HortiDaily reports that The European Commission is considering whether to tighten or extend its current emergency measures for the control of tomato brown rugose fruit virus (ToBRFV), which continues to spread across the continent (recently new outbreaks were detected in Slovakia). With current measures due for review from 29th May, politicians are debating whether future controls on the disease should be more or less stringent.
According to the report, ‘Several countries believe that the current Q status for seeds and young plants due to the current emergency measure for ToBRFV (for capsicum and tomatoes) is no longer tenable.’ In particular The Netherlands has proposed ending the emergency measure for ToBRFV for some time. Options could include abandoning regulation altogether or giving ToBRFV status as a RNQP (regulated non-quarantine pest).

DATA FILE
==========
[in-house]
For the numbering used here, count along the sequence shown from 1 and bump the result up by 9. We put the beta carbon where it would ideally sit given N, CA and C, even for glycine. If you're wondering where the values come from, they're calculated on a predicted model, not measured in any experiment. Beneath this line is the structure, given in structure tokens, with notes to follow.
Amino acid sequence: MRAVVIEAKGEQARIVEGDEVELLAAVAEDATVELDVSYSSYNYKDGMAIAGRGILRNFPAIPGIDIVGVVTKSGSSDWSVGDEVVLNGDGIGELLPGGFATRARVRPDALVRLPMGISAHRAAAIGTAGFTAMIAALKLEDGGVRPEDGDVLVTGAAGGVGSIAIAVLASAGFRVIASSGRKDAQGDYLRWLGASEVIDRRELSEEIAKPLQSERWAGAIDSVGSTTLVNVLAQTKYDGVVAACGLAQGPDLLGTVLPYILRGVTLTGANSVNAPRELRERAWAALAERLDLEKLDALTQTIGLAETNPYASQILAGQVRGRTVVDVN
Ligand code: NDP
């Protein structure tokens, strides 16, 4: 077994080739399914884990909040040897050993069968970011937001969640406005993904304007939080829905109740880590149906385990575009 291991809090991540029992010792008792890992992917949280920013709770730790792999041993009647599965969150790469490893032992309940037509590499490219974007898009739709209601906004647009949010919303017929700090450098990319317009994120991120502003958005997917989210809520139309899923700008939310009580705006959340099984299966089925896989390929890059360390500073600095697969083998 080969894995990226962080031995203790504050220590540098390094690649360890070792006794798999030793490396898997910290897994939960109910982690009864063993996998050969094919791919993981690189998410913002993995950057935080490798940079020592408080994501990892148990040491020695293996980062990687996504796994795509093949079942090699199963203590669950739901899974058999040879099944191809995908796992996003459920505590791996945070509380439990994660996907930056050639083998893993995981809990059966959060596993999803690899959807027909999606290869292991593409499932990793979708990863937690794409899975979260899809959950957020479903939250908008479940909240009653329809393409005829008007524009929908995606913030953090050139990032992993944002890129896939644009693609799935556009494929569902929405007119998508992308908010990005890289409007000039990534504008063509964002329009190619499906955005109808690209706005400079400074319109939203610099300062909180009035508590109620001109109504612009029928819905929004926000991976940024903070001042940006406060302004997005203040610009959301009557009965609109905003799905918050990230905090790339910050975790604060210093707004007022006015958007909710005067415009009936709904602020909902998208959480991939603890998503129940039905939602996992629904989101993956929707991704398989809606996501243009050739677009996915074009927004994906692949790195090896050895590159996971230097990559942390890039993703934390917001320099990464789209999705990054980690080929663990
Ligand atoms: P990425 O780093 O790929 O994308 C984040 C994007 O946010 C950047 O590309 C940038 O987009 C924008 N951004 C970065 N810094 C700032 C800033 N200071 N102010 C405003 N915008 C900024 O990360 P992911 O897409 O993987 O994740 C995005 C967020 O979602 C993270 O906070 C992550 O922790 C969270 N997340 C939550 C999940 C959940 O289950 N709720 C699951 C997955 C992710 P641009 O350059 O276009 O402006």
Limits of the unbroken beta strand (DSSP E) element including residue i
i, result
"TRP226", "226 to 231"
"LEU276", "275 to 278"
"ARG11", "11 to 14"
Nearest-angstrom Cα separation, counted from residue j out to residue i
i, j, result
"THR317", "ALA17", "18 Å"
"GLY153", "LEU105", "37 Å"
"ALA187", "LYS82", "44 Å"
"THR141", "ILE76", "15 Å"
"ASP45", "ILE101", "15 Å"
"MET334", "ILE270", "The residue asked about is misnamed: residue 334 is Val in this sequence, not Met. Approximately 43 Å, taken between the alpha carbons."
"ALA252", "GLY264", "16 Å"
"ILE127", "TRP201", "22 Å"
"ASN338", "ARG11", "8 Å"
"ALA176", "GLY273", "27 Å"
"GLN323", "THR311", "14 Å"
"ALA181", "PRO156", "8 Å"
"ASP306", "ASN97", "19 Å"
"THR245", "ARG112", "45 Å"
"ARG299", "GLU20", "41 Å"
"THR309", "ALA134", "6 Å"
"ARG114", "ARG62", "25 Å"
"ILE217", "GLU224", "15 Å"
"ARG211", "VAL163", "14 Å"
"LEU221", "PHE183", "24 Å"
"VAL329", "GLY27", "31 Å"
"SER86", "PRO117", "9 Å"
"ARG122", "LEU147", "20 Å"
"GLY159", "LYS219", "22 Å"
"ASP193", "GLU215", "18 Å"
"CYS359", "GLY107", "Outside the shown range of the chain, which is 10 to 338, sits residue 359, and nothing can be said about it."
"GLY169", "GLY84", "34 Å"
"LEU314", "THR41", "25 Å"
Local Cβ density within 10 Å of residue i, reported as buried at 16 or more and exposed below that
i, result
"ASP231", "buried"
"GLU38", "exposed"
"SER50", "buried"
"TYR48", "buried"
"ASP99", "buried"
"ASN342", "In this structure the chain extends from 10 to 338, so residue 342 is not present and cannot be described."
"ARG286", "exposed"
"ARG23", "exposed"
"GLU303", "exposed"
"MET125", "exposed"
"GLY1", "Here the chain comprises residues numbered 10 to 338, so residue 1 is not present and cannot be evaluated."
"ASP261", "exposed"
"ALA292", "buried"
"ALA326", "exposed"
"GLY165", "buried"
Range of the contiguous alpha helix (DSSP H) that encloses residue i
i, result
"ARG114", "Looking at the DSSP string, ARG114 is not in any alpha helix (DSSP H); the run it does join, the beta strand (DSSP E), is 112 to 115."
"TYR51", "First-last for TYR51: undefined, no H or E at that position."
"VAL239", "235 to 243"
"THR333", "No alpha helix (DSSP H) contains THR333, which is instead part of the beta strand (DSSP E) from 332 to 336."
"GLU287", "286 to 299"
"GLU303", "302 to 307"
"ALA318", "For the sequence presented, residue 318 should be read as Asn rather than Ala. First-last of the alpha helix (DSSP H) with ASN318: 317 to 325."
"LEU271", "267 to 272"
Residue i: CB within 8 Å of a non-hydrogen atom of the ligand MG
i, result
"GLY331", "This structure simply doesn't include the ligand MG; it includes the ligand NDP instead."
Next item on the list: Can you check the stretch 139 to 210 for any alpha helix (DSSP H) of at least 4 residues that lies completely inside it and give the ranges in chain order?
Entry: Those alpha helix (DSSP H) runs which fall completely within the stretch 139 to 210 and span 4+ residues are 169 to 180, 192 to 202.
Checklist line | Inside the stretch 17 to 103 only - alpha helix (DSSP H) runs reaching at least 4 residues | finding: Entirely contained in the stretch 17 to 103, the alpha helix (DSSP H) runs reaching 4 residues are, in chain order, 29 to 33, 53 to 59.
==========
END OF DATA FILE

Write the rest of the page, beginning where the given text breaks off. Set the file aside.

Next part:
However, a number of other EU member states appear to favour further tightening of ToBRFV requirements for seeds and young plants.
Reports suggest that ‘In the Netherlands, the number of infections with ToBRFV, a virus that can cause great damage to plants but is harmless to humans, has increased. Fifty companies are under the supervision of the Dutch plant protection authorities. The same agency, NVWA, is also tightening controls on illegal cross-protection, where plants are deliberately infected with the virus. The NVWA says there are indications that the variant from cross-protection has now spread naturally to other farms.’